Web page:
However, most clinical and environmental bioanalyte applications require much lower quantities to be measured such as ~106 guanine molecules associated with 5,000 copies/mL of HIV RNA. This is below the detection limit of electrochemical biosensors.

Various approaches have applied to reduce biosensor detection limit. Nanostructured biosensor working electrodes improve signal-tonoise resolution by reducing the active surface area of the electrode [1], but encountered challenges with reliably measuring low nanoamp signals, and in fabricating nanoscale structures with poor batch to batch consistency, limited throughput, low production yields, and high unit costs. PCR used in advance of detection raises signals by increasing the number of nucleic acid targets [2], but added complexity, time and cost to negate the biosensor benefits. Magnetic separation reduces noise by removing background interferences before detection [3], but the inherent background signals from water electrolysis prevents the detection of low redox signals. Nanoparticles increased signal strength by delivering multiple detection tags per analyte [4] but the number of tags was limited by the small surface area of the nanoparticles. To date, none of these approaches have attained the detection levels in commercial applications comparable to PCR and cultures.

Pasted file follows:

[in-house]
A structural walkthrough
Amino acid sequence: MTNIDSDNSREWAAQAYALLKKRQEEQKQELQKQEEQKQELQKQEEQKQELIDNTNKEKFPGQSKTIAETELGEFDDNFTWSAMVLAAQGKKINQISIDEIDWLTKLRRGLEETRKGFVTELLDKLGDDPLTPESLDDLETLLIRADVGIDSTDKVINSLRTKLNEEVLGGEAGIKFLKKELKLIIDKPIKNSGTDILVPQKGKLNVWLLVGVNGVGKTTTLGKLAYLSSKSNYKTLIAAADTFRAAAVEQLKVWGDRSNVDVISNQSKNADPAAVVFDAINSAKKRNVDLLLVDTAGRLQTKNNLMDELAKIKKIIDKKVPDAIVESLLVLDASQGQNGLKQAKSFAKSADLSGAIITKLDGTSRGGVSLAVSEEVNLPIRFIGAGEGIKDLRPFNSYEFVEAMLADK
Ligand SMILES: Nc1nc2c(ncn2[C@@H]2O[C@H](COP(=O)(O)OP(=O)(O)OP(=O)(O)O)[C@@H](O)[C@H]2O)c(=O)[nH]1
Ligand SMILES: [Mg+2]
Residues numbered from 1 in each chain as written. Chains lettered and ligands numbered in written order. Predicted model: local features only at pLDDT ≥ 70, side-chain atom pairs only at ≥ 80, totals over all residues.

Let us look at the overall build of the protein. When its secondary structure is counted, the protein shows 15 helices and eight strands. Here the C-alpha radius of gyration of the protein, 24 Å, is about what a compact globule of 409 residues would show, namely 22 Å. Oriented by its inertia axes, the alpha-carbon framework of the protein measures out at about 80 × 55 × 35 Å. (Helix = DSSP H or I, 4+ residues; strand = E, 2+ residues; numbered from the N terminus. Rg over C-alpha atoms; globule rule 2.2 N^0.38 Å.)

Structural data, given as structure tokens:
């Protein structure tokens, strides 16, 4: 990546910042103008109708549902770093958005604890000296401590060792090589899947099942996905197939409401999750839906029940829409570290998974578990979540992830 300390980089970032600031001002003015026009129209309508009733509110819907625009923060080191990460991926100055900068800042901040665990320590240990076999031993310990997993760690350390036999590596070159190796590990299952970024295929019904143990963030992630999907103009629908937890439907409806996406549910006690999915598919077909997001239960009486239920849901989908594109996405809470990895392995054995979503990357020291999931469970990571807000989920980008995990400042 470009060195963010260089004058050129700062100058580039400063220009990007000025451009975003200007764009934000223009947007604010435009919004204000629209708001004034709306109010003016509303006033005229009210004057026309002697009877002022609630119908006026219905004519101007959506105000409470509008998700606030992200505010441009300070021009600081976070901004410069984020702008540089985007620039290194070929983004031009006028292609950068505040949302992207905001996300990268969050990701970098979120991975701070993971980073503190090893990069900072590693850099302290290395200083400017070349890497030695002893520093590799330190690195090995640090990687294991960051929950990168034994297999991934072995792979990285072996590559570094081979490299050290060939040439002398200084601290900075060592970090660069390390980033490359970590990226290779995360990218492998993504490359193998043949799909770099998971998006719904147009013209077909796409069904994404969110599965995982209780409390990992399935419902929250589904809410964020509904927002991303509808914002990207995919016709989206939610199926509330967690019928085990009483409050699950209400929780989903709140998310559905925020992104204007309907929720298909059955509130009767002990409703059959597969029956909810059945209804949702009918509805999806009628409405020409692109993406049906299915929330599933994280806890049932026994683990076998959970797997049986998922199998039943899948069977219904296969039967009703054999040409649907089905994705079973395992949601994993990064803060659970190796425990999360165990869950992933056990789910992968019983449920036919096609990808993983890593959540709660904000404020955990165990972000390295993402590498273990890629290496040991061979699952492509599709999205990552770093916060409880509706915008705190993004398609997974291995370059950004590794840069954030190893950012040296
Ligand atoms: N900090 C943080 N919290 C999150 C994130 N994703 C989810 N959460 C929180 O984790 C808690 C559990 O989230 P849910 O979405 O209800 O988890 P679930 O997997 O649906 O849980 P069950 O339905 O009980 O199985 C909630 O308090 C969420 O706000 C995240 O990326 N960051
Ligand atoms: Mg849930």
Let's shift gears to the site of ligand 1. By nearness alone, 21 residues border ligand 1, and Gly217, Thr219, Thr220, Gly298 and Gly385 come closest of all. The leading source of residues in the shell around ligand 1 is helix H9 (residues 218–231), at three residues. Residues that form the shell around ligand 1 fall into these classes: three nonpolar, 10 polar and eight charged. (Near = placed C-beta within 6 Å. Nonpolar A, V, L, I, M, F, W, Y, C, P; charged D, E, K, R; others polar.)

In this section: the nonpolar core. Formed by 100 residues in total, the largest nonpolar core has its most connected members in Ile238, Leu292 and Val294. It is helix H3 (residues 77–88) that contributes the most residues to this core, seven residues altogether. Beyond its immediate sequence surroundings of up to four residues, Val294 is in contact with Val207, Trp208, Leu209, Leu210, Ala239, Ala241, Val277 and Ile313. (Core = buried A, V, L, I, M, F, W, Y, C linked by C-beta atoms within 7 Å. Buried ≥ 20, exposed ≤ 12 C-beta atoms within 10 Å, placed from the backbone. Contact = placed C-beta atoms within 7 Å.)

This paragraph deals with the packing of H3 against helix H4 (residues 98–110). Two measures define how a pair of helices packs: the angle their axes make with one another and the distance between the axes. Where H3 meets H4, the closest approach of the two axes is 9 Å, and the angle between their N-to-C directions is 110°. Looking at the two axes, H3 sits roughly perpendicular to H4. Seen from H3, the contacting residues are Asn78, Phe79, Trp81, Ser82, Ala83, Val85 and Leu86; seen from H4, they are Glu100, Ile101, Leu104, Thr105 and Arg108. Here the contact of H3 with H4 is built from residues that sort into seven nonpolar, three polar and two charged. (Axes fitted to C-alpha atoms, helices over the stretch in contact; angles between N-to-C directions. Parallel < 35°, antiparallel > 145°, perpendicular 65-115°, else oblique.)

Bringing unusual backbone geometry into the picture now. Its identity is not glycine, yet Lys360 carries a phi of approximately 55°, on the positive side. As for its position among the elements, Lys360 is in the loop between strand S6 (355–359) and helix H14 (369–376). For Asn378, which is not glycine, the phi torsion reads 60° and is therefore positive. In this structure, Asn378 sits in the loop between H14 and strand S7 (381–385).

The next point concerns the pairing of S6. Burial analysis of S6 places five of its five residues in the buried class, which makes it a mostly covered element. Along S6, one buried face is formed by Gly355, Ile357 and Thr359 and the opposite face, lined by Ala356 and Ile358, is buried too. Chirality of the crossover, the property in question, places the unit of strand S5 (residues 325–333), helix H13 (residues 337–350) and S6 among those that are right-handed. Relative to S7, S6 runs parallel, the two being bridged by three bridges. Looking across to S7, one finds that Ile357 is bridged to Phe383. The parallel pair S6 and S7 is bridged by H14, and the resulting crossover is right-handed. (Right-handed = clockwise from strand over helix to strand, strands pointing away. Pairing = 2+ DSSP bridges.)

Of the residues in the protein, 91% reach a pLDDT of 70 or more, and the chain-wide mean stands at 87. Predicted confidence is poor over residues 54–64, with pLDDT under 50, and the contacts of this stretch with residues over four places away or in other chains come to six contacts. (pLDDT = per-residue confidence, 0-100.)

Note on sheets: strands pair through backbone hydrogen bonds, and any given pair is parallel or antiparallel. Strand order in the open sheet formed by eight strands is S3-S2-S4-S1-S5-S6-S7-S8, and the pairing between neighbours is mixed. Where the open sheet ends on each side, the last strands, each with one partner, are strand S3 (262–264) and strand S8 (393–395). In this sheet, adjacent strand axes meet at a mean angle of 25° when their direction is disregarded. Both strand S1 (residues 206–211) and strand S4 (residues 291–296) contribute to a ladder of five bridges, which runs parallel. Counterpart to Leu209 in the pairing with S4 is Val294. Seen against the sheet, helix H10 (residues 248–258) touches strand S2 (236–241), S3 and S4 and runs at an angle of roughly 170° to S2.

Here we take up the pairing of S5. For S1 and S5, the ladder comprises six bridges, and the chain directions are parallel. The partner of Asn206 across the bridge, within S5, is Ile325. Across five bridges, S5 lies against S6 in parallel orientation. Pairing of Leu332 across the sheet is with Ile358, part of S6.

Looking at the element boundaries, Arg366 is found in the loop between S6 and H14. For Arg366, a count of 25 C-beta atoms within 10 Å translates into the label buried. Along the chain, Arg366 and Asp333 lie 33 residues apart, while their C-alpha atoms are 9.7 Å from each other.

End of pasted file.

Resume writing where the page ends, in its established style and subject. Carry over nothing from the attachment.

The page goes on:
Most commercial bioanalyte detection methods bind optical labels to bioanalytes which are measured with optical readers. In a typical colorimetric ELISA assay, detection limits measure ~106 bioanaytes associated with 1 pg/mL concentration. When lower levels need to be detected, bioanalytes are artificially increased in number using amplification, so that there can be a high level of labels provided for detection. PCR and cultures typically provide a 106 fold increase in bioanalytes along with the labels linked to the bioanalytes. However, if the objective of amplification is to actually increase the number of labels, then a more efficient approach is to bind the required number of labels to the bioanalyte and avoid resource-intensive PCR or time intensive culturing.